初中英语散文

01
  ometimes people have to cope with many mistakes and failures in order to reach the successful finals. While others might succumb to failure, they tend to retreat and give in their efforts. Success often provides confidence and satisfaction, nevertheless failure companies with bitter, saddness, and suffering. It seems people have to learn through each experience, as success doesn‘t always falls from heaven.
  I remembered I used to fail on my vocabury test when I was in high school. I had problem to memorize new words which got lloose each day. I almost decided to give up English, but was obliged to one of my neighbour classmates who kept on sending small sheet for me. In the end of the semester, I found I had finished my vocabulary book which became a work force in reading English. I then realized that a new word came and left our brains for several times. Nobody is born as genius for success. Success tends to arrive after a serial of trials and failures.
  Of course, success brings confidence and victory. But, life is not always easy and comfortable. There are more difficulties than eases in the real life. It is likely that we have to face some failures ahead. Therefore, those who learn how to deal and endure failures will taste their success eventually.
  中心是失败是成功之母(Failure is the mother of success)

关于初中英语散文

02
  The night of the horse
  A newspaper ran a short story competition on famous tales from history. This is a story one of the students sent in.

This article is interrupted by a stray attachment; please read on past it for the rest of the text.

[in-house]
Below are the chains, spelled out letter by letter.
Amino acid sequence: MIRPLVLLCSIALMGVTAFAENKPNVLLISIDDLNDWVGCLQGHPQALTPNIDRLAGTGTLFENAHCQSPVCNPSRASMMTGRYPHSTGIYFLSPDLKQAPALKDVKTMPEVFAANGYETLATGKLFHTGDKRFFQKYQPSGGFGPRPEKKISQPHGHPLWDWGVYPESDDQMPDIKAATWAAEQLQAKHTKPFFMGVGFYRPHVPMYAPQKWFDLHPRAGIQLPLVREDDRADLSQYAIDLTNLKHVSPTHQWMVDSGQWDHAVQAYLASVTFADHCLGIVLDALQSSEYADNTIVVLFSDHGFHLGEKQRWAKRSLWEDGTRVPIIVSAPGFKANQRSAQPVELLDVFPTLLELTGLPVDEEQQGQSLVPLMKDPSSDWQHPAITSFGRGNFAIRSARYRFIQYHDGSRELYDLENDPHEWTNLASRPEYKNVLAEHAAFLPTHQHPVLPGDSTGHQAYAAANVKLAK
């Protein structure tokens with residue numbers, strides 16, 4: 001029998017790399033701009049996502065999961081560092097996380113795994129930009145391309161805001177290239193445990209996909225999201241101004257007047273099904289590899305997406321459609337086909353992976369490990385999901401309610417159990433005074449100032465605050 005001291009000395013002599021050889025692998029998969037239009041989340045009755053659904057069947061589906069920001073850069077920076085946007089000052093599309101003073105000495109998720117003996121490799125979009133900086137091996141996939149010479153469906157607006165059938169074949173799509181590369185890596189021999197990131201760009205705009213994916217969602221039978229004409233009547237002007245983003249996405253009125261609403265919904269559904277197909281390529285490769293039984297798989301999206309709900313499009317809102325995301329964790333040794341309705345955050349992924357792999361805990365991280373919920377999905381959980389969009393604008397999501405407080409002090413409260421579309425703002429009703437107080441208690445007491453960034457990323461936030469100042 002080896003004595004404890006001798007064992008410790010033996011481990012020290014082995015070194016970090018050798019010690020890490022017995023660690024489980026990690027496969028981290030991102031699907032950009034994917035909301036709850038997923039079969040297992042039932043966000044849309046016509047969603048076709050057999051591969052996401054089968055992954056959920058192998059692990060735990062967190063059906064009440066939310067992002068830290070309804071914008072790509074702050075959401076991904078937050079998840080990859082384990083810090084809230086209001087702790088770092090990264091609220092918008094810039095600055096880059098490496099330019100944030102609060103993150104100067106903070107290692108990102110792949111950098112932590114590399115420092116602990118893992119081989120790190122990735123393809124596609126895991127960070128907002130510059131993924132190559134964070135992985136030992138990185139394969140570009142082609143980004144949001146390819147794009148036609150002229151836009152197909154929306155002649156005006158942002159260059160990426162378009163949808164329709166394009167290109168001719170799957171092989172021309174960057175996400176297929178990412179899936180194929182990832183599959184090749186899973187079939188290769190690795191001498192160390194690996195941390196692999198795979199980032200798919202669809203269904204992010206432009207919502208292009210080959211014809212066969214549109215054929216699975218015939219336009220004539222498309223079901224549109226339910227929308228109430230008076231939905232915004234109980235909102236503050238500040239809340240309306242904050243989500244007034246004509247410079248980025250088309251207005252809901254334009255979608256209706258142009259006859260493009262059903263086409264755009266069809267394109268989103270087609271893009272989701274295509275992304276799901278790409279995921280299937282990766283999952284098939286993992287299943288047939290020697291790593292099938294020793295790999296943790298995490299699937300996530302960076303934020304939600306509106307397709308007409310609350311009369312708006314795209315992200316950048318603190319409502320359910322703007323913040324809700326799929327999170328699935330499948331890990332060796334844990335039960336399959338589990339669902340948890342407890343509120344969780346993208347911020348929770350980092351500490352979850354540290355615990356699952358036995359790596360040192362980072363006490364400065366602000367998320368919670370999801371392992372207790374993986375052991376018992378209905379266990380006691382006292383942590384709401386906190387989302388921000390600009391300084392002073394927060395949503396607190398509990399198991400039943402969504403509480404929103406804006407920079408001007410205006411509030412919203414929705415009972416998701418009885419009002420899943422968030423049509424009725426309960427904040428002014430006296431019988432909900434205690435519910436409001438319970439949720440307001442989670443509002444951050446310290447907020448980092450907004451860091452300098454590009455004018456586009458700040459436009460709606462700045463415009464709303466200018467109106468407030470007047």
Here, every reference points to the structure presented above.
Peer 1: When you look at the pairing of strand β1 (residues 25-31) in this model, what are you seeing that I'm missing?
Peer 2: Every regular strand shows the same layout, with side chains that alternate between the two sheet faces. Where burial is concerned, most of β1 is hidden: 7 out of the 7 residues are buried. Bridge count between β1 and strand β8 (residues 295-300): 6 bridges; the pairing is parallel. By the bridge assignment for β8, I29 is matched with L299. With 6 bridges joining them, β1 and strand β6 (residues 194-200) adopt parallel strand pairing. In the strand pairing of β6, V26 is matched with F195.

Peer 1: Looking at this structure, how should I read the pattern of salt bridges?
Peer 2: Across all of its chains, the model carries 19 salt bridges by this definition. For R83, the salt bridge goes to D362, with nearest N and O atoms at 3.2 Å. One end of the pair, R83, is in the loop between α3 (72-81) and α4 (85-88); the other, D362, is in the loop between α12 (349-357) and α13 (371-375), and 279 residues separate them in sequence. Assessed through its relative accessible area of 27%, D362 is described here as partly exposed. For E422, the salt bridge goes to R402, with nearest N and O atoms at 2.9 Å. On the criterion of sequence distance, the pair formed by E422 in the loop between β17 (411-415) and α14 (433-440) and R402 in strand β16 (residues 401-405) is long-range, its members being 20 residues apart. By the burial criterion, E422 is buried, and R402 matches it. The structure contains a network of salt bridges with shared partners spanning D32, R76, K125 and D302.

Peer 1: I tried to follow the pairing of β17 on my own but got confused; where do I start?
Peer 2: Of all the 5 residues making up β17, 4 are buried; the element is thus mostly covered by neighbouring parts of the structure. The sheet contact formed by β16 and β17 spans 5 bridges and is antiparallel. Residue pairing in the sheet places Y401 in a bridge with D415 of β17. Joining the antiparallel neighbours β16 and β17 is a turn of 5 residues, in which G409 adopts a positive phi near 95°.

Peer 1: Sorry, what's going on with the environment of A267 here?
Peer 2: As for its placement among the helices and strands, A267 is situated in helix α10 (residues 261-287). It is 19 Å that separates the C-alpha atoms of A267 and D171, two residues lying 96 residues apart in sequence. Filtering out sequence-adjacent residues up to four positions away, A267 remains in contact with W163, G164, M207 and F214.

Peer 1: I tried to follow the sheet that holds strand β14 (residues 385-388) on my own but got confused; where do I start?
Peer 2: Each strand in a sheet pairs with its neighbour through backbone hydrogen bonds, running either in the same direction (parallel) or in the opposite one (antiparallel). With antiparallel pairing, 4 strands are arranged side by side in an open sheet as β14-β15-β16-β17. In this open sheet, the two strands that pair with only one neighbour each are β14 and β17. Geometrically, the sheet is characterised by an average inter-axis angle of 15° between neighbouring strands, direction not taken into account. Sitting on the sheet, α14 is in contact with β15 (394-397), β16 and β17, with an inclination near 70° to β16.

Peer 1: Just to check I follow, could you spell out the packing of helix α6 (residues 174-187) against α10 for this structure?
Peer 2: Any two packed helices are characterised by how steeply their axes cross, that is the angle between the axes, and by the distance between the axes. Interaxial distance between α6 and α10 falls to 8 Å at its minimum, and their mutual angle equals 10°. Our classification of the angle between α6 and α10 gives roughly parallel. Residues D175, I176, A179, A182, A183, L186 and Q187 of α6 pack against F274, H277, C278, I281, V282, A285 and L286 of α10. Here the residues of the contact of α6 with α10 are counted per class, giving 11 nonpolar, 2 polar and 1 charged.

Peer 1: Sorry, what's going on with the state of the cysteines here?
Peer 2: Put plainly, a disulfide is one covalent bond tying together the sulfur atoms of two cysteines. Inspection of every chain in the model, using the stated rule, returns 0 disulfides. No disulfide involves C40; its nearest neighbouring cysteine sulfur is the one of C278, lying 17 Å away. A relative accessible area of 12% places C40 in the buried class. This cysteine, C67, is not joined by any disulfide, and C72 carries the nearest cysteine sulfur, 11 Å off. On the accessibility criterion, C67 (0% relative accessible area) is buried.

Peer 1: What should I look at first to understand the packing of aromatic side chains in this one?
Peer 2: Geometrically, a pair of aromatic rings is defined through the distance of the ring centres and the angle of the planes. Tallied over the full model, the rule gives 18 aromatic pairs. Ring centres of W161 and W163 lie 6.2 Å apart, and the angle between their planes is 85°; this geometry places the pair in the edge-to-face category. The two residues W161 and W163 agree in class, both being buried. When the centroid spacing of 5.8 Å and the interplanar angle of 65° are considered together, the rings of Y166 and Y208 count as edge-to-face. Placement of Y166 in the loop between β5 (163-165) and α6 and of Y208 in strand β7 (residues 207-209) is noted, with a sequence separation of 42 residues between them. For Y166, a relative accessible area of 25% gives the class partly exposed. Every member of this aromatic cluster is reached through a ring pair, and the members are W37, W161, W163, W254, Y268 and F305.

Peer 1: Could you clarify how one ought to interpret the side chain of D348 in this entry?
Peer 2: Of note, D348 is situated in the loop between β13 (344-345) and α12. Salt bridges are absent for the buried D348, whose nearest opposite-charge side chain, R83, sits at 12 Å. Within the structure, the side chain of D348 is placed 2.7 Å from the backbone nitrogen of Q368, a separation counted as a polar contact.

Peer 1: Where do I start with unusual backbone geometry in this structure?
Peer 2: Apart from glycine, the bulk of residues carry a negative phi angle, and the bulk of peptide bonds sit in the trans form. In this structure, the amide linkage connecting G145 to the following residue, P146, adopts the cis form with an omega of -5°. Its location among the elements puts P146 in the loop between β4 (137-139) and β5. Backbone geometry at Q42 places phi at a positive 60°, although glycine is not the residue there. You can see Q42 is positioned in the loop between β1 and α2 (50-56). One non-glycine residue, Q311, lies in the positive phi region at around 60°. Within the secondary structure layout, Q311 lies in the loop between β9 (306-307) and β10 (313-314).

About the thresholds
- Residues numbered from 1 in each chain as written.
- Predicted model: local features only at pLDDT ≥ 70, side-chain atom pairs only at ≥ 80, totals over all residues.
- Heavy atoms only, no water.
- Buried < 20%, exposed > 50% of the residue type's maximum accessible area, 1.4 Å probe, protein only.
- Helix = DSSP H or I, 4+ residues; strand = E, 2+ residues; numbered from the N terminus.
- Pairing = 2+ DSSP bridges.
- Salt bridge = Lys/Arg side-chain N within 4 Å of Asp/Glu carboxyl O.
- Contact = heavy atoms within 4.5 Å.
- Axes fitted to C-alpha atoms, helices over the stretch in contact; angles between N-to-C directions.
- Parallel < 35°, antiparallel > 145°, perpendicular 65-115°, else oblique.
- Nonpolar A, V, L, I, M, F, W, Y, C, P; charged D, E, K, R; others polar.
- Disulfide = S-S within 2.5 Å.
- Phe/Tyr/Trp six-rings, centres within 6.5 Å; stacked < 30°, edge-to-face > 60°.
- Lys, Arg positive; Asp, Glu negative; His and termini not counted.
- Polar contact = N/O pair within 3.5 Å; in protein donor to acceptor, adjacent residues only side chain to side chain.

The soldier came down the stairs--two at a time. ‘Captain,they've gone,’ he cried, ‘They've disappeared-all of them. The plain is...’ But the captain of the guards was no longer listening. He was going up the stairs--three at a time. Seconds later, the captain stood on the high wall of the city of Troy. He looked down at the empty plain and, beyond it, at the empty sea. They've gone and we've won,' he said. ' The Greeks have tried for ten years to capture our city. Now they've sailed away. And they've taken everything with them.' 'Not everything, sir,' the soldier said. 'They've left their horse.' Outside the main gates of the city stood a huge horse made of wood. 'Ah, yes, 'the captain said,' that wooden horse. It's so big that they couldn't take it with them. Well, it's ours now. Get some help and pull it into the city. That won't be difficult. It's on wheels.' 'But why is it on wheels? ' The soldier asked. I think that maybe the Greeks want us to...' The captain interrupted him. ' You're a soldier,' he said. 'You don't have to think. You have to obey orders, and I'm giving you one now. Move that horse. 'And so the Trojans dragged it into the city with ropes.
  That night, in the main square of the city, all the citizens of Troy celebrated. They sang and danced around the horse, and made jokes about their enemies, the stupid Greeks. Then the Trojans made sure all the gates of the city were securely locked, and they all went to sleep, including the gate guards. By midnight, the square was empty, except for the giant horse. The six Greek soldiers waited for another hour, to be sure. Then, very quietly, they opened the secret door in the side of the horse and climbed out. No guards stopped them as they opened the main gates. Outside stood the Greek army. It had returned in the darkness when the citizens celebrated inside. Now the army enter the city. The Greeks seized the captain and dragged him away. For ten years, they could not capture the city by fighting. In one night, they succeeded in capturing it by a trick.